It is at this point on Songs for Lovers and Fighters where Silas drops a few numbers geared more towards the fighters. “Destroy Myself” features some lyrical flow and content that offer up shades of a young Eminem. The song is mostly downtempo, characterized by its plodding guitar line, but soon explodes into a thunderous part that wouldn’t seem out of place in any hard rock or heavy metal work. “Roll the Dice” puts more electric guitar swagger up front for the listener, while the album returns to the acoustic side of things with the easy-going “Cheap Wine”.

Songs for Lovers and Fighters really shines in the area of musical diversity, with Alex Silas showing his appreciation for a multitude of different musics by mixing them in to his final product. The man does so in a way that constantly keeps the listener guessing what style will be presented next, while also showing that he does still have room to grow as both a singer, rapper, and lyricist.

Calum Slingerland
- Envy Magazine

"Feast on gypsy rock, country and hip hop at Ottawa's Marvest this weekend"

Ask Peter Simpson how the hip hop scene is in Ottawa these days and he likely won’t say a word.

The Ottawa Citizen columnist and music writer for the past 15 years will instead tell you head to Irene’s Pub this weekend for his hand-picked Marvest show that features everything from acoustic and gypsy rockabilly to modern day, conscious hip hop.
It’s exactly the lineup Simpson was hoping for, to blend three different-sounding bands together with similar foundations in acoustic, electric and rootsy sounds. He found that seamless mix with The Maxim Cossette Combo, Slo’ Tom and The Handsome Devils and rising Ottawa hip hop star Alex Silas and the Subterraneans.
“It’s just different from most hip hop,” says Simpson, adding that Silas is one of those hip hoppers who stays away from the typical themes.
“If it’s dissing women, I’m just not going to listen to it, if there is too much of the N word, I just won’t listen to it … I think we should be past that by now, although we are not. But a lot of rappers are and Alex is one of them.”

Things will start out a little weird at Irene’s Pub Saturday night with gypsie rockabillies The Maxim Cossette Combo opening up the show at 9:30. The gypsy folk four-piece, who used to be called the Sick Sick Sicks, still pack that nomadic party punch that Ottawa fell in love with.

And who doesn’t love a good dustup with Slo’ Tom and the Handsome Devils? It’s pure acoustic rock at its finest, littered with humour and apathetic attitudes. The band refers to themselves as “crazy rollicking country” and that sounds hella fun. Alex Silas & the Subterraneans then take over the stage as the main headliners at 11:15 p.m. and bring their witty, alternative hip hop, filled with overtones of outlaw country, twangy folk and synthetic beats.
It’s no surprise that Silas has landed a headlining slot at the festival.

“I think Ottawa has an absolutely thriving hip hop scene,” adds Simpson.

“I wouldn’t imagine there is any aspect of the music industry in Ottawa that is more vibrant than the hip hop scene over the last couple of years.”

But hip hop isn’t the only thing that will be echoing throughout the Glebe this weekend, as Marvest will send more than 60 bands down Bank Street for a wild weekend of music.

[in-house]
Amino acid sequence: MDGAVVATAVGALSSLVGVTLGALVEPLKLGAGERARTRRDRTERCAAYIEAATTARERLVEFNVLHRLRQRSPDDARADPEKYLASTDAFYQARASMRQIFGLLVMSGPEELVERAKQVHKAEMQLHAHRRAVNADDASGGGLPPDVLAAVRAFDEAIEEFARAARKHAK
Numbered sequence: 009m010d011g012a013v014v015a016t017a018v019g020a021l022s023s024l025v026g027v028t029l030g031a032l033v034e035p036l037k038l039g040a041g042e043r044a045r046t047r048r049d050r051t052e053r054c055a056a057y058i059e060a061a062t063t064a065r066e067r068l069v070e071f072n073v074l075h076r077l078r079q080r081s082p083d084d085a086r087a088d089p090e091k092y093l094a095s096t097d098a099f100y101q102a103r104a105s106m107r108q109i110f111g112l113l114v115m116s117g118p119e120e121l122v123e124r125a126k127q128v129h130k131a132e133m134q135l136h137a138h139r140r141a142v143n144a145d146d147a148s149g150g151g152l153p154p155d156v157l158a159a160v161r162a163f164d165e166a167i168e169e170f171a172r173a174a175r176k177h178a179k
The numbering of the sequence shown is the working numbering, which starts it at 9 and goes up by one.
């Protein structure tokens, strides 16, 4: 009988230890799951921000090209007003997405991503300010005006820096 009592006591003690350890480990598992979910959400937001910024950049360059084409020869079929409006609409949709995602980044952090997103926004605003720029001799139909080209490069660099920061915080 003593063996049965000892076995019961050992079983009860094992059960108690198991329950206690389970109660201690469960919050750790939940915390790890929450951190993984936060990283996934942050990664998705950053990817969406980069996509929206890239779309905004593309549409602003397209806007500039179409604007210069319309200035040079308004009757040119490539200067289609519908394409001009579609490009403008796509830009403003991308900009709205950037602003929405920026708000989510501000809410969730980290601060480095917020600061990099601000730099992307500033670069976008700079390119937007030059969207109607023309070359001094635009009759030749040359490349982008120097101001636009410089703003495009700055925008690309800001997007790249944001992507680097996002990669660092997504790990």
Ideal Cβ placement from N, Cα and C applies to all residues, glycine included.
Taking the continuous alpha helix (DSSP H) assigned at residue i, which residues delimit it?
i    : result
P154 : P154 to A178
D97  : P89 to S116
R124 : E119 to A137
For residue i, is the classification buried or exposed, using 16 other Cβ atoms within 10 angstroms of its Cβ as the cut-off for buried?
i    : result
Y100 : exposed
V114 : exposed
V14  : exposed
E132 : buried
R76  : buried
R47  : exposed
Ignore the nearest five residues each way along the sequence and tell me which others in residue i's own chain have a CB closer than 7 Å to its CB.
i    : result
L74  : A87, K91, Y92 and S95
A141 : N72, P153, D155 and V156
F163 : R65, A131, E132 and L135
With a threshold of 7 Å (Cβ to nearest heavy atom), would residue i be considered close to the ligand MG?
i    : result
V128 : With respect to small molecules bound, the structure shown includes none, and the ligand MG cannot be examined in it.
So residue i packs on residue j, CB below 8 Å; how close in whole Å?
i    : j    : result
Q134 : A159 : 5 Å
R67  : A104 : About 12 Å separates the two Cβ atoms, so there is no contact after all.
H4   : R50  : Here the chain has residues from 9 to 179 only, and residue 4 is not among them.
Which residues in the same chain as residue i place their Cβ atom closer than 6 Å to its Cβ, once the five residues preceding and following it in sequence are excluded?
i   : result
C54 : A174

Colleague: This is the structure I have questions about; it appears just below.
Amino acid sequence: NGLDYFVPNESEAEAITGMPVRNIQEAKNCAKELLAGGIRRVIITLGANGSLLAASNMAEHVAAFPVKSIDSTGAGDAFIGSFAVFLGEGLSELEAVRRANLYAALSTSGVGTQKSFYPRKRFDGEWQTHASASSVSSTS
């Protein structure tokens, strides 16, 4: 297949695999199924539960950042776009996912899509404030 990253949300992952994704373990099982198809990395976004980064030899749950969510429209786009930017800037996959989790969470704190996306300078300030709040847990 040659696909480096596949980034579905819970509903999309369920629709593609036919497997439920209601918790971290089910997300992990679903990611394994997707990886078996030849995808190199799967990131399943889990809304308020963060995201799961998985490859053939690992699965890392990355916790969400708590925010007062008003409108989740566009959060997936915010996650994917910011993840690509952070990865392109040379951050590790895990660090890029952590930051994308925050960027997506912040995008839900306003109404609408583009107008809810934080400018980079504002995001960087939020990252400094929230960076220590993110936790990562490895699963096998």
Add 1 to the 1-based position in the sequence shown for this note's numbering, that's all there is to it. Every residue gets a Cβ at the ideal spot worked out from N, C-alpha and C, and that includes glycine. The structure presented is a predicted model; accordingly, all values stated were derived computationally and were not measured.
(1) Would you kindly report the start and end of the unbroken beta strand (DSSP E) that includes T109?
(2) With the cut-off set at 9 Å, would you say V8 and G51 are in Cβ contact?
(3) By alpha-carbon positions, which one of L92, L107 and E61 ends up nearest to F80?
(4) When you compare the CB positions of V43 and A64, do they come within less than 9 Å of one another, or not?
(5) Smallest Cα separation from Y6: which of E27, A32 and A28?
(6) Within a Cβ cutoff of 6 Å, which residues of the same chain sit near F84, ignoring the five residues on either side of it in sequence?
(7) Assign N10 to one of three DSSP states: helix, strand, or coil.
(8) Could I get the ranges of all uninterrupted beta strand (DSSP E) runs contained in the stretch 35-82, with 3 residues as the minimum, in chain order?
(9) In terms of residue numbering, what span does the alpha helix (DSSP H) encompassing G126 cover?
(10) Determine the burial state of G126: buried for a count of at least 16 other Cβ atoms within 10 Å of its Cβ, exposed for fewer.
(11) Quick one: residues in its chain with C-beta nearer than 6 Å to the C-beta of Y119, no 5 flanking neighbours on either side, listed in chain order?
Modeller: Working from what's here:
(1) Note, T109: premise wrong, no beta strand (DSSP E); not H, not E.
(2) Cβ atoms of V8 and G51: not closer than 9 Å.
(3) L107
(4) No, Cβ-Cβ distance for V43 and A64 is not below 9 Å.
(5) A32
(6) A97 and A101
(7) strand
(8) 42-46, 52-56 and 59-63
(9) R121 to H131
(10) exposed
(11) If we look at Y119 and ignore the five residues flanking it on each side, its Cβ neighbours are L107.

There are a total of nine shows that have been put together by a handful of Ottawa music writers, bloggers and photographers that have hand-picked bands to play in the showcase Friday and Saturday.

And these cats aren’t just dudes and dudettes who pretend to know a lot about music by throwing on the new Metric drop at their weekly hipster dinner party. No, these are passionate music peeps that have been grinding it out every single week, writing previews and reviews for little or no money, to give Ottawa musicians a chance on the big stage.

Who doesn’t want to see a show curated by music photo blogger Ming Wu? How about an evening with Ryan Bresee, who has been manning his Whatever is Cool With Me radio show on CKCU for 18 years? Or the Ottawa Showbox night with Jack Pine & The Fire, Jonathan Becker & The North Fields, and Nightshades taking over Original Burger Joint Saturday Night.

A quick glance at just a few of these shows will make you cancel your weekend knitting circle to join in on the sonic fun. - Metro Ottawa


Roots - The Opera of June Ma単ana (June 30 2014)
Songs for Lovers & Fighters - Rebounds (November 2013)
Songs for Lovers & Fighters (November 2012)
Catania (March 2012)



Alex Silas & the Subterraneans are an alternative hip-hop group based out of Ottawa, Ontario. Since transitioning from a solo career to forming a full fledged band in early 2014, Alex Silas has drawn upon such varied inspiration as the artistic culture of the 1950's beat generation, classic songwriters of the 60's and 70's, and contemporary rap to create a unique brand of emotional and honest hip-hop. Renowned music critic Alan Cross has described him as an artist who "makes a palatable smoothie out of indie rock, blues, electronic, folk and reggae".

The current incarnation of Alex Silas & the Subterraneans consists of a rapper, drummer, guitarist, bassist, and DJ. The band released their critically praised album "Roots" in the summer of 2014. One of the album's singles, "Hip Hop Hippie", was named one of the Top 20 Songs of the Ottawa Region for 2014 by the Ottawa Citizen newspaper.


Band Members